define what goes on the list pretty strictly, after David Allen's Getting
Things Done: a project is any kind of change in the world that I want to
make happen, that takes more than one simple step, and the list are the
projects that I am currently *committed* to making steady progress on. So
I draw a line between those active projects and ones that I might want to
do somewhere down the line - which go in a list called Someday/Maybe.
Those ones I don't have to worry about at all, unless I want to move it
over to the project list. In my conception projects should take between 20
minutes and 3 months to finish, and between 3 steps and like 200.
I store projects as memos in a special category on my palm pilot. I like
this because each memo can then hold my thoughts or info about the project
(project support), like if I do a little web research I can paste it in.
Most importantly is when deciding on what the next action is for a
project, I put that in there (as well as on a todo list) One of the
biggest mistakes people make with a todo list is to put things on there
that are really projects: that require not one physical, easily defined
action, but a complicated chain of actions, or a series of tricky
My friend in psychology has designed a scale to test people on how
persistent they are and how much they resist giving up, and the amazing
thing to me watching my own behaviour is how using a project list has
drastically increased my persistence, such that I would probably score
higher on her scale now. I can avoid a project for a while, but unless I
take it off the list it's going to be there staring me in the face - it's
not going to be swept under the rug. It's like being the guy in Memento -
rather than keeping all the projects in your head at once, which is
stress-inducing, you can count on those words (like the tattoos) to prompt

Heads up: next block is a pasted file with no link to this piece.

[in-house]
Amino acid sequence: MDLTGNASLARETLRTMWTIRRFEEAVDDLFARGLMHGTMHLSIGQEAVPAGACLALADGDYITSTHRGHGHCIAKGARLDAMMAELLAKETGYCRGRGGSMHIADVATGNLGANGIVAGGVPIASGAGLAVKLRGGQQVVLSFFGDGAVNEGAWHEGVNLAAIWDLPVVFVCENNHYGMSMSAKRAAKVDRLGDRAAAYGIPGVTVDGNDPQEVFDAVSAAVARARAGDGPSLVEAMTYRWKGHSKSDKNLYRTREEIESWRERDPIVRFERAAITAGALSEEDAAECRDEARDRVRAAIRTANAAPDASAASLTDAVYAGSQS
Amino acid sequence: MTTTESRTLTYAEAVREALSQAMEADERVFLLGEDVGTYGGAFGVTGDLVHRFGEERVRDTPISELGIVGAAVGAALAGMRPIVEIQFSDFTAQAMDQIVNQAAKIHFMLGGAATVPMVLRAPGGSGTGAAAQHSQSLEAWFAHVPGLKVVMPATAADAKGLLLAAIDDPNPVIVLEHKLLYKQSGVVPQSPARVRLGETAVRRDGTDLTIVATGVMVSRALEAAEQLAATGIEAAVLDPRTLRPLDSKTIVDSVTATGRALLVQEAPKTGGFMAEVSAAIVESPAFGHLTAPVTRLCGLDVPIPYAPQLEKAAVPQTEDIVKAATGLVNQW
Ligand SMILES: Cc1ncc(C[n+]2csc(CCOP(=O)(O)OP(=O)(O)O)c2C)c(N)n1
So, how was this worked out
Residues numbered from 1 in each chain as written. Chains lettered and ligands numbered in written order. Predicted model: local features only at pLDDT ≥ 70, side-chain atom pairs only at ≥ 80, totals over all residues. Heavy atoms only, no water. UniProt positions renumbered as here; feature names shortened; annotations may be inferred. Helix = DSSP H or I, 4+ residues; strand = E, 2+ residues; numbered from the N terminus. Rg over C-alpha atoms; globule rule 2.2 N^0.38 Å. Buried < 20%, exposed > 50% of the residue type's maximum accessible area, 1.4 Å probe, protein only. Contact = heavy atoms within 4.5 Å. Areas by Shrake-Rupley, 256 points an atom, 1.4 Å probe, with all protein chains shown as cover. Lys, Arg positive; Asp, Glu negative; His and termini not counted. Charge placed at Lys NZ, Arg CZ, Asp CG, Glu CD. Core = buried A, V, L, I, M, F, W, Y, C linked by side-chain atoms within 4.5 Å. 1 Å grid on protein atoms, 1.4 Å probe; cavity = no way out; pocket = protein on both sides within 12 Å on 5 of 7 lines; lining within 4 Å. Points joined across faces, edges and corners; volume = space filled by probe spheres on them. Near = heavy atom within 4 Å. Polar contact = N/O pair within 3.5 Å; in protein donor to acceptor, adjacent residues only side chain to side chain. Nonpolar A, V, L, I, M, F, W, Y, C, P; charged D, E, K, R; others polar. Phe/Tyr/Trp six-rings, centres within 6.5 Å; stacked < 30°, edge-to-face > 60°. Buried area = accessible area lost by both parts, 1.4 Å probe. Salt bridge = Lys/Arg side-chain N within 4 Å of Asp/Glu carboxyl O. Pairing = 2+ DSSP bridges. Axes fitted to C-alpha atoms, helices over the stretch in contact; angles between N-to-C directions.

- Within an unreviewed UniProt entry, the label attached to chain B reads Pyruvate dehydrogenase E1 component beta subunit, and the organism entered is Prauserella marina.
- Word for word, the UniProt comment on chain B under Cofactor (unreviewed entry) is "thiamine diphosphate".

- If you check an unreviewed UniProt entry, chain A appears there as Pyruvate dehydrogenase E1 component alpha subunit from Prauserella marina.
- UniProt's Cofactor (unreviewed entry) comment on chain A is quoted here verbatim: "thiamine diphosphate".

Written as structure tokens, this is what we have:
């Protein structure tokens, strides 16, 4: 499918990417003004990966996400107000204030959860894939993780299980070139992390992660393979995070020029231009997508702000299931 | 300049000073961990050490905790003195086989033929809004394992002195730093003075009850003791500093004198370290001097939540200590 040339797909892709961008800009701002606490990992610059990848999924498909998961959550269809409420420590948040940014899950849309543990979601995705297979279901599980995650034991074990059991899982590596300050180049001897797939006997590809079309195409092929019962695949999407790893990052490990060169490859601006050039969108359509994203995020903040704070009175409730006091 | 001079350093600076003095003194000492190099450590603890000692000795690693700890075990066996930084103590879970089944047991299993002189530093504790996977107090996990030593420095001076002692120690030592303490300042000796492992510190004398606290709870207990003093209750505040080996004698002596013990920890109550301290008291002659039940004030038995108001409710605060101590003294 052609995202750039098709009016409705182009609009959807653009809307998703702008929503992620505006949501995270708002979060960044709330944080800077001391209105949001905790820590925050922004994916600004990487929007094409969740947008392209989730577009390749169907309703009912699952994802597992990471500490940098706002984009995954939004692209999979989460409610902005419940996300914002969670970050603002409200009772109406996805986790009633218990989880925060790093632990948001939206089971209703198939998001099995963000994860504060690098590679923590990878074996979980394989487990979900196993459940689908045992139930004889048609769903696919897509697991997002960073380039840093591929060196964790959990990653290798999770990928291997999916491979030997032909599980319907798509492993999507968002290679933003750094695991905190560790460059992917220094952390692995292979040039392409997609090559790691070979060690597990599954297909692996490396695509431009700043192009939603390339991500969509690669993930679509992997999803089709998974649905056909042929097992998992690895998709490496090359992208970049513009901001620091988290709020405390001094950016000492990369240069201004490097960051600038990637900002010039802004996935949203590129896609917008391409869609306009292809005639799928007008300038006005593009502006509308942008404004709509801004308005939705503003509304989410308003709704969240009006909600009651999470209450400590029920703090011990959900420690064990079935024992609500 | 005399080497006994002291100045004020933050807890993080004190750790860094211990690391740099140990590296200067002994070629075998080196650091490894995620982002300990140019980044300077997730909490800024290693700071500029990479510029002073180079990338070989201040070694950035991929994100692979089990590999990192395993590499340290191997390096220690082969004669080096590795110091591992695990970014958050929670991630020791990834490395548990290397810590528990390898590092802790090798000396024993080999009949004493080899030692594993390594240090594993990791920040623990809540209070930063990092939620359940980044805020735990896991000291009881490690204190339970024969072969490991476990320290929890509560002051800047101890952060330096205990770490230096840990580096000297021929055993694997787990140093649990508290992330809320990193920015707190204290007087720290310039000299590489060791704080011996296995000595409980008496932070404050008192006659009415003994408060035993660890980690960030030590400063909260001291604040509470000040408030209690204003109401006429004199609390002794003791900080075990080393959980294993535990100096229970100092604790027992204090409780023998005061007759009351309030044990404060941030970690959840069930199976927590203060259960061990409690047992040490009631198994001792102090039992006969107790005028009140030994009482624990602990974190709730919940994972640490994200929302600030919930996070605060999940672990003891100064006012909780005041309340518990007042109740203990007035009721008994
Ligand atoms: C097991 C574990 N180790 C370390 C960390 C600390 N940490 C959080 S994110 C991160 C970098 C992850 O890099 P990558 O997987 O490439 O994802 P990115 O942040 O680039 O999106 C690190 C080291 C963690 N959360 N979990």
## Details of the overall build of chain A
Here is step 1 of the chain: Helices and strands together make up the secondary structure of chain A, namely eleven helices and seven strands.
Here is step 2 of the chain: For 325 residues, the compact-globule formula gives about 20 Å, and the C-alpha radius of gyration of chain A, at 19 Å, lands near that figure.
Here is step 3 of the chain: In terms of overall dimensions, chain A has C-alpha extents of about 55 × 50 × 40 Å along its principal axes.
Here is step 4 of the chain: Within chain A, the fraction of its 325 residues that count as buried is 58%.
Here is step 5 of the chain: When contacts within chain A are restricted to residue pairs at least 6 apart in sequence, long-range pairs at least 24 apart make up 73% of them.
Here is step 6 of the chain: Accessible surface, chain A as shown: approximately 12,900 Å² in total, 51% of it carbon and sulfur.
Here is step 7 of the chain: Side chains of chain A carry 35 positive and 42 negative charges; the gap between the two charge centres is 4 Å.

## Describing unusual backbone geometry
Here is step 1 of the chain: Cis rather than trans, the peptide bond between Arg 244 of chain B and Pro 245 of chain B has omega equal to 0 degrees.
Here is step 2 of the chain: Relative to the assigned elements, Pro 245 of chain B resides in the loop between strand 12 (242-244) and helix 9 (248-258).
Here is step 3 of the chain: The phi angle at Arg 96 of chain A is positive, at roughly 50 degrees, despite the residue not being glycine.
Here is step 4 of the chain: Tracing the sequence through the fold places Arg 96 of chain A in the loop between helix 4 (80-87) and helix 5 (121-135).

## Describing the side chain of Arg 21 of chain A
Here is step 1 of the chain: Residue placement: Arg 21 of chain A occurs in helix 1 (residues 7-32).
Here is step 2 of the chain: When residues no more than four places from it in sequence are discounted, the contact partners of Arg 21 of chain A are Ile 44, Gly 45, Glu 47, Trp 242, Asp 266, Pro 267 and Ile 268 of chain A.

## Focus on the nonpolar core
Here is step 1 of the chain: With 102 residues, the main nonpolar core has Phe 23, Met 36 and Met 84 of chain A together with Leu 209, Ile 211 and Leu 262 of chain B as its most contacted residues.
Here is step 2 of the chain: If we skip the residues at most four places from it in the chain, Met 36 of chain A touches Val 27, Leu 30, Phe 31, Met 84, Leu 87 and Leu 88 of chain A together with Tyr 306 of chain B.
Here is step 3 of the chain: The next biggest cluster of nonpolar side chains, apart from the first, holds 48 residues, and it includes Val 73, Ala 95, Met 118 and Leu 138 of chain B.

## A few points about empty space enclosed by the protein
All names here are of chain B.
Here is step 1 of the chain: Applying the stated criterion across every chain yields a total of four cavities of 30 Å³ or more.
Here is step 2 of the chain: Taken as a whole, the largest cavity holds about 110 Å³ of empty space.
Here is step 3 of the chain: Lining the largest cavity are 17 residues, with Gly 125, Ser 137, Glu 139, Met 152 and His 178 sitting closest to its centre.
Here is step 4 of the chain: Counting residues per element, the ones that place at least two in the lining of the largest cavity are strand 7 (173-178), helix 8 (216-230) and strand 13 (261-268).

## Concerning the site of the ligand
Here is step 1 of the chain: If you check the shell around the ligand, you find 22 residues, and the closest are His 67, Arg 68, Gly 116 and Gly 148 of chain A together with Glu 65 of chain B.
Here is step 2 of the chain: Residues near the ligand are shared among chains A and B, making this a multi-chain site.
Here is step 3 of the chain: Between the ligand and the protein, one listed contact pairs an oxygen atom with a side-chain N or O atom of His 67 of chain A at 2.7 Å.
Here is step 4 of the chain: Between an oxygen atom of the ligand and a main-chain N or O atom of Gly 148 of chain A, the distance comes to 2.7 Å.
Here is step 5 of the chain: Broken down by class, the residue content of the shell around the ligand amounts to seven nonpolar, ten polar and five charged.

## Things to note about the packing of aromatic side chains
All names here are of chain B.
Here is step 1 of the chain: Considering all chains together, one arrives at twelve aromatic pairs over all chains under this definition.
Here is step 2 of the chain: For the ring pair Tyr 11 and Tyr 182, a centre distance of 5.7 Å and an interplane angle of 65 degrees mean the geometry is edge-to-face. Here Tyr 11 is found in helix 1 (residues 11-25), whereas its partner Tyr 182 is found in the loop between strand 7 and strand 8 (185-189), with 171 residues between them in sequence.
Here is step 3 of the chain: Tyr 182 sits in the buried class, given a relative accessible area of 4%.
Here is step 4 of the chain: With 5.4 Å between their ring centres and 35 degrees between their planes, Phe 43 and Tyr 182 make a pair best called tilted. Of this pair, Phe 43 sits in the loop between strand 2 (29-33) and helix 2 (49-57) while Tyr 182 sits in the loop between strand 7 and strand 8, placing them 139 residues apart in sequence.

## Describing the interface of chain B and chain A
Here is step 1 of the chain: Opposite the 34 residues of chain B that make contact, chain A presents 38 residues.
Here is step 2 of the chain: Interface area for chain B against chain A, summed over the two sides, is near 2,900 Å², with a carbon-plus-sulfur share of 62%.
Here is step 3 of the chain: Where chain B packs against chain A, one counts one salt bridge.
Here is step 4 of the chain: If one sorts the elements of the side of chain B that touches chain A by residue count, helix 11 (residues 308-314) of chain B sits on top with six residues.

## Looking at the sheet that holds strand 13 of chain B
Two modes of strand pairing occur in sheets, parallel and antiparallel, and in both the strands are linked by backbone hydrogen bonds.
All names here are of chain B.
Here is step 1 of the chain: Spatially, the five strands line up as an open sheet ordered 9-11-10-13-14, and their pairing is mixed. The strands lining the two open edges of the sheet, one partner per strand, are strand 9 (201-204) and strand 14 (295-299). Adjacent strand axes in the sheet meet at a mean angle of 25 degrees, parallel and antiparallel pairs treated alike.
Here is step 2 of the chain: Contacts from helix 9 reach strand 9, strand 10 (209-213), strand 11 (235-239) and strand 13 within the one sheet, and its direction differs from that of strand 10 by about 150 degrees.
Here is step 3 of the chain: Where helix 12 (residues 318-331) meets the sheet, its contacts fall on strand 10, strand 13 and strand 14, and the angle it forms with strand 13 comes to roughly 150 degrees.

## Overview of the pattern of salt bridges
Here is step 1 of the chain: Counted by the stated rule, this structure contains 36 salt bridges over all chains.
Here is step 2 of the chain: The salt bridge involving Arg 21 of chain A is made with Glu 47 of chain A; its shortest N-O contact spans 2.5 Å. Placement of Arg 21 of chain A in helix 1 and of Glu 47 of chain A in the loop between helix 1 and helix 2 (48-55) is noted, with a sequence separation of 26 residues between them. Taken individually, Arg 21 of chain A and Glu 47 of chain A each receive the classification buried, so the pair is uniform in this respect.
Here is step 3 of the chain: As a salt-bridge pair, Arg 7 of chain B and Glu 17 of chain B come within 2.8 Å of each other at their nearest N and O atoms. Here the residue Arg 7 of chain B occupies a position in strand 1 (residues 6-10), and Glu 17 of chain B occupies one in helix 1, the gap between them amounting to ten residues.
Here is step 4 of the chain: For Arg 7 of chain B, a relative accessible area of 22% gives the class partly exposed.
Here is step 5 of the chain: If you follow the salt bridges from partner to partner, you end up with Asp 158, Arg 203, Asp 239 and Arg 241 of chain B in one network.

you about what you could be/should be working on. I have about 40 projects
that are currently active (though only a handful of "A" projects, see the
ABC prioritizing system) - there's no way I could keep those in my head.
Like the Memento guy it makes me feel relentless and driven: I *will* keep
calling until I reach someone who can fix the problem; I *will* keep
thinking about this issue until I make a breakthrough. No more pushing it
to the back of my mind and hoping the issue will go away (which in the
case of positive opportunities, it is certain to do). Well less anyway.
For a project list to stay useful it has to be constantly pruned and
updated so that it continues to match that definition. I make myself do
that at least once a week, during the weekly review. There's a few tools I
use to make sure things on the list still match that definition. For
instance if I notice I havent moved on a project for a long time, that
might be a sign that I should simplify it - making it more immediate and
concrete - or break it into smaller projects. Or maybe I can't make
progress on it now, in which case it goes on the Projects - Suspended
list, and I put something before it that says when it's on ice til ("Til
April", "Til x gets back to me"). Or maybe I realize I just don't want to
commit to it now, in which case it goes to Someday/Maybe. Finished or no
longer relevant projects get taken off the list.
I now think of tons of things as a project, from revising a paper to
furnishing my apartment to teachinig myself a statistic to deciding where
to go for salsa lessons. It's an enormous help for planning my time, seems
to genuinely make me more effective, and also gives me a great feeling of
satisfaction when I can finish one off.